Another devotional, this time from Liz Milani @ Pocket Fuel
I'm not sure which is more challenging, loving yourself or loving others.
Loving your Self often gets labelled as conceited, or arrogant, or self-indulgent. Then there's the idea running around that your Self is wicked and not to be trusted, and how could you possibly love your Self that needs saving from itself? (we'll talk about this in a series to come, but for now, I'll say this: The Christ doesn't save you FROM yourself or from hell; The Christ saves you TO yourself which is a heavenly place to live from.)
Loving others is fraught with strife. You can't control other people. You can't control whether your love will be respected, valued, or even returned. You cannot control whether love will fail or be harmful or be helpful. You can't tell what people are thinking, or feeling, or expecting. Loving others can feel all too risky for our certainty-loving hearts. Is it worth it? Are people worthy of your love? Of your affection? Of your belonging?
The writer of 1 John said:
"Delightfully loved ones, if God loved us with such tremendous love, then "loving one another" should be our way of life! No one has ever gazed upon the fullness of God's splendor. But if we love one another, God makes Gods permanent home in us, and we make our permanent home in God, and Gods love is brought to its full expression in us." (1 John 4:11-12.)
Thomas Merton said:
"The only way to make a man worthy of love is by loving him.""
Frederick Buechner said:
"Wherever people love each other and are true to each other and take risks for each other, God is with them and for them and they are doing God's will."
There is just love and the level at which we let it flow between us. Which, like loving yourself, is about being open. It's not straight forward, it's messy and muddy and earthy and wild and wonderful and full of heartache. It takes grace and faith and confession and repentance and a crapload of forgiveness. The thing with relationships is that even the bad things that happen to us can be a catalyst for opening our hearts even more.
As Rumi said, "You have to keep breaking your heart till it opens."
If your heart must break, let it break open.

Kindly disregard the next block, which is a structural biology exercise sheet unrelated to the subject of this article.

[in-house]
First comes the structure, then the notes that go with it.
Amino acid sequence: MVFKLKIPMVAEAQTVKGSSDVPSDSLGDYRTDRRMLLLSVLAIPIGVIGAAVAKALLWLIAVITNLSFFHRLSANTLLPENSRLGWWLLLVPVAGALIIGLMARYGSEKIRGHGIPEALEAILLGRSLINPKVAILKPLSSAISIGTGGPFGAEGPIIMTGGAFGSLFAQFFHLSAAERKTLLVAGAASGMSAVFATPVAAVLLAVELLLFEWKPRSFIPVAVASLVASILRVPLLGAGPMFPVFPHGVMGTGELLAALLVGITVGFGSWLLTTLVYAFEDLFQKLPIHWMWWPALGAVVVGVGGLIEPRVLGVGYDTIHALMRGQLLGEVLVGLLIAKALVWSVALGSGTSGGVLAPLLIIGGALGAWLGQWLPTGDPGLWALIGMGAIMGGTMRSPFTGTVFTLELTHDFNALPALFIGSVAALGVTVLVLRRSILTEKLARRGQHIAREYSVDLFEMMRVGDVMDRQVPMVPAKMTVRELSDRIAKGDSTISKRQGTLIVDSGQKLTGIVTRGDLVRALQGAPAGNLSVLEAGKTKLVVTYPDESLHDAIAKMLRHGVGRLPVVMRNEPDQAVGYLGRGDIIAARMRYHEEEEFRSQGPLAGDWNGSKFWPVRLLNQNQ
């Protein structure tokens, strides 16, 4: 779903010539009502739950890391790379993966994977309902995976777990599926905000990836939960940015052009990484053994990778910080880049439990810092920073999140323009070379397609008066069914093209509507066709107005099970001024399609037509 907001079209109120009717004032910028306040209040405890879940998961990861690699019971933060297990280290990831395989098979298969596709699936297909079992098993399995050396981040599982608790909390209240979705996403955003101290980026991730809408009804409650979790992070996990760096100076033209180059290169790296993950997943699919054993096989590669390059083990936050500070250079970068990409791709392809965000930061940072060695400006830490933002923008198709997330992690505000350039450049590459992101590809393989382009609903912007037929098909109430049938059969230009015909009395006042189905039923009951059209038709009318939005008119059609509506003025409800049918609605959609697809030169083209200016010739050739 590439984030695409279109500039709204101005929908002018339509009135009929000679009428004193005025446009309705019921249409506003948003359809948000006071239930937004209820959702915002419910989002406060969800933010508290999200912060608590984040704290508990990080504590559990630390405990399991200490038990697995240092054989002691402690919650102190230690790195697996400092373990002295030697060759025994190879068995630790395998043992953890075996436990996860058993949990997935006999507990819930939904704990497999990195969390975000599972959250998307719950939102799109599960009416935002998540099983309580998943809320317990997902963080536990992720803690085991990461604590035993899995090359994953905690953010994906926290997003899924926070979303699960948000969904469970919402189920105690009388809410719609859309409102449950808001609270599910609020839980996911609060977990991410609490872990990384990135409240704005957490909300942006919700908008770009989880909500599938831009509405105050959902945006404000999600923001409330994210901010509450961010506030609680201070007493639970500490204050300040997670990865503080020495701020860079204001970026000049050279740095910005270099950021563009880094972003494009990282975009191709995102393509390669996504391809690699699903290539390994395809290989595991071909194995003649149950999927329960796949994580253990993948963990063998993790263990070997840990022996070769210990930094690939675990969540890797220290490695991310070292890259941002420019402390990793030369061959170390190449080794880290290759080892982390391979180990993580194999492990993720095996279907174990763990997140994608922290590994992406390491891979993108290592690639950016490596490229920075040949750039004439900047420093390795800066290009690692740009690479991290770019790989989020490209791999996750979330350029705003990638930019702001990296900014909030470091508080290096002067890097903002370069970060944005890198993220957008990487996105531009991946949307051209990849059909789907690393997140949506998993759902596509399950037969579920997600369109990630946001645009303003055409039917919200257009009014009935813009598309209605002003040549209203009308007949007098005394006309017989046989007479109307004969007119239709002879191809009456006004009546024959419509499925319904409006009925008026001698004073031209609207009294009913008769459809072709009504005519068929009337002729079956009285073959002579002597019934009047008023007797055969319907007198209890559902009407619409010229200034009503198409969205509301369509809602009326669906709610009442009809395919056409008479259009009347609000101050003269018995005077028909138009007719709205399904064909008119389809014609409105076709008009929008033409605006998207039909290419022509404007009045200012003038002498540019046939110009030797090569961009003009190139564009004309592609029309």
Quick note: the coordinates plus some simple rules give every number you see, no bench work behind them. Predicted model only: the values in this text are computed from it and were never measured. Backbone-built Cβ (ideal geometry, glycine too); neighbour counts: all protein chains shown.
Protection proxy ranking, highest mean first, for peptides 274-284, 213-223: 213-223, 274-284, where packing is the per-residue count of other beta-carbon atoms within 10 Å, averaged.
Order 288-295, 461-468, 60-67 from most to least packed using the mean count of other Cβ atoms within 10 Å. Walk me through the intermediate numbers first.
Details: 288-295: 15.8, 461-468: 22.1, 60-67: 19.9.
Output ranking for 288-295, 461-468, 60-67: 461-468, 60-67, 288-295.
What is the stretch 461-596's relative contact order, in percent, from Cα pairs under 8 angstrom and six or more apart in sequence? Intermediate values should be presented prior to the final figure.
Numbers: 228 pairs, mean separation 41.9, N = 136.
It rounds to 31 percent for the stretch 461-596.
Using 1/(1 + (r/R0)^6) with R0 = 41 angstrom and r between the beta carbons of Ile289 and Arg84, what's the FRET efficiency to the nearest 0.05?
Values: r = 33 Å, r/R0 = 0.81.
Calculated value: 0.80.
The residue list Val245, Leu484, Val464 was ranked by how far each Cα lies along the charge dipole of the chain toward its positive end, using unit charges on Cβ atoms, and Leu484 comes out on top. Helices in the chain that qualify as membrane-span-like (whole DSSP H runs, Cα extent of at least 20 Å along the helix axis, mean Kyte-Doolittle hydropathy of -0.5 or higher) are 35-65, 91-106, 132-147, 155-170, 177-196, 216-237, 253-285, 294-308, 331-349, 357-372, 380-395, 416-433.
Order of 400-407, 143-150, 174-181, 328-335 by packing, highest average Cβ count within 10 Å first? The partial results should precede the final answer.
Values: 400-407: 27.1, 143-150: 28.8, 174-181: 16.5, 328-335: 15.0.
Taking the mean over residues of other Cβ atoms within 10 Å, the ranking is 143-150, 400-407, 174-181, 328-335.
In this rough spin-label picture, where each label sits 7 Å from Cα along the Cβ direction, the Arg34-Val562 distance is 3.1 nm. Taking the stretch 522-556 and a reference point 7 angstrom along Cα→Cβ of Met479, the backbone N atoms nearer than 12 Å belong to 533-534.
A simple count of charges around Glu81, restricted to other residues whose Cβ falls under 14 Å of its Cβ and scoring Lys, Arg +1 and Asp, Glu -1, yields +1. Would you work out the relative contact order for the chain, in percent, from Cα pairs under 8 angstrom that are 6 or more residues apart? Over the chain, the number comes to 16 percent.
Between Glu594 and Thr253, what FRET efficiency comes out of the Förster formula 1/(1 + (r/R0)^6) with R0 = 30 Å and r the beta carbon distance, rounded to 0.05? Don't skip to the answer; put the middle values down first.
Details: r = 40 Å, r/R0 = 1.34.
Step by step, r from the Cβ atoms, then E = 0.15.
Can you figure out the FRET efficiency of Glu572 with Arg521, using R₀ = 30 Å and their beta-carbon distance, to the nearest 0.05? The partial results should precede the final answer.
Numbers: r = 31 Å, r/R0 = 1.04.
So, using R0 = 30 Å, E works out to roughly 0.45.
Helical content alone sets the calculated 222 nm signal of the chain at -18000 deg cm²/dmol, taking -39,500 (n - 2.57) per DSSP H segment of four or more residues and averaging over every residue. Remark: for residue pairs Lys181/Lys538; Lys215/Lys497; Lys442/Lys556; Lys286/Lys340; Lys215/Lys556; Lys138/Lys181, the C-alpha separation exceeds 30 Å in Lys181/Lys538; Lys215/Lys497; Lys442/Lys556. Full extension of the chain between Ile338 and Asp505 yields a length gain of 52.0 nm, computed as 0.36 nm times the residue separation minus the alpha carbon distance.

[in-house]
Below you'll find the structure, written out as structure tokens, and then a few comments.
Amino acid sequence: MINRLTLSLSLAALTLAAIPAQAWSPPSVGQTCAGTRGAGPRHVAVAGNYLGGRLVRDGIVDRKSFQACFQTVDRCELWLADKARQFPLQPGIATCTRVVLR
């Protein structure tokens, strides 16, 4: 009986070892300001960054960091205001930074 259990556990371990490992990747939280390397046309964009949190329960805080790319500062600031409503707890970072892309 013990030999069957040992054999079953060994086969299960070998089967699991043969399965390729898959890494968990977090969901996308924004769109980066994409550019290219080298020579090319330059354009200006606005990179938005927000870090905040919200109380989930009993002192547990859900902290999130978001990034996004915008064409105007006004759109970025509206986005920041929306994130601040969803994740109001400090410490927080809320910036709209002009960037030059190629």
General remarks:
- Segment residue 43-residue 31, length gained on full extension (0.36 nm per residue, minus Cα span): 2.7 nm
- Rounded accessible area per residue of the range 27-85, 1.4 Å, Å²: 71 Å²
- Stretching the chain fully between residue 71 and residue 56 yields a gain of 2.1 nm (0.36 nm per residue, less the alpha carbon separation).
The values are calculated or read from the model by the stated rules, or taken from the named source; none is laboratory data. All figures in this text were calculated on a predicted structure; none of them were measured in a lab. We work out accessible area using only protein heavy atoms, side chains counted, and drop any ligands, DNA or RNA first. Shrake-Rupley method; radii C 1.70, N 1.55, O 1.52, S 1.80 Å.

Boundaries are important. Loving others isn't a blank cheque for being a doormat and letting others abuse you. Forgiveness is not the same thing as trust. And when you love yourself enough, you will be able to use boundaries in relationships to keep you safe, and thereby, even more open-hearted. It is not sinful or wrong to love yourself enough to end a relationship that is harmful. That is what love would want you to do.
I wonder what barriers exist between you and others? What prejudices keep us from each other? What addictions to pride, and moments of stubbornness, separate us and keep us divided?
Healthy spirituality unifies, not divides. It gathers and opens and grows and learns and becomes. With boundaries, yes. With wisdom, yes. But you'll know you're on the right path when your boundaries set you free to continue to love yourself and others as best you can in the season you're in with what you have.
Isn't that what we're here for anyway? To return to, and continually discover, the mysteries of God, of love, and our place in it all?
"Your task is not to seek for love, but merely to seek and find all the barriers within yourself that you have built against it." (Rumi.)
There is nothing you can do to make God love you more. And there is nothing others can do to make your love free from risk and failure. There is only the flow of love and the level of which we let it run between us.
And I pray you would let it run and flow and pour your whole life long.
I'm not sure which is more beautiful, loving yourself or loving others. Or perhaps, the better thing to say is how beautiful is it, this love that we share.
Written by Liz Milani.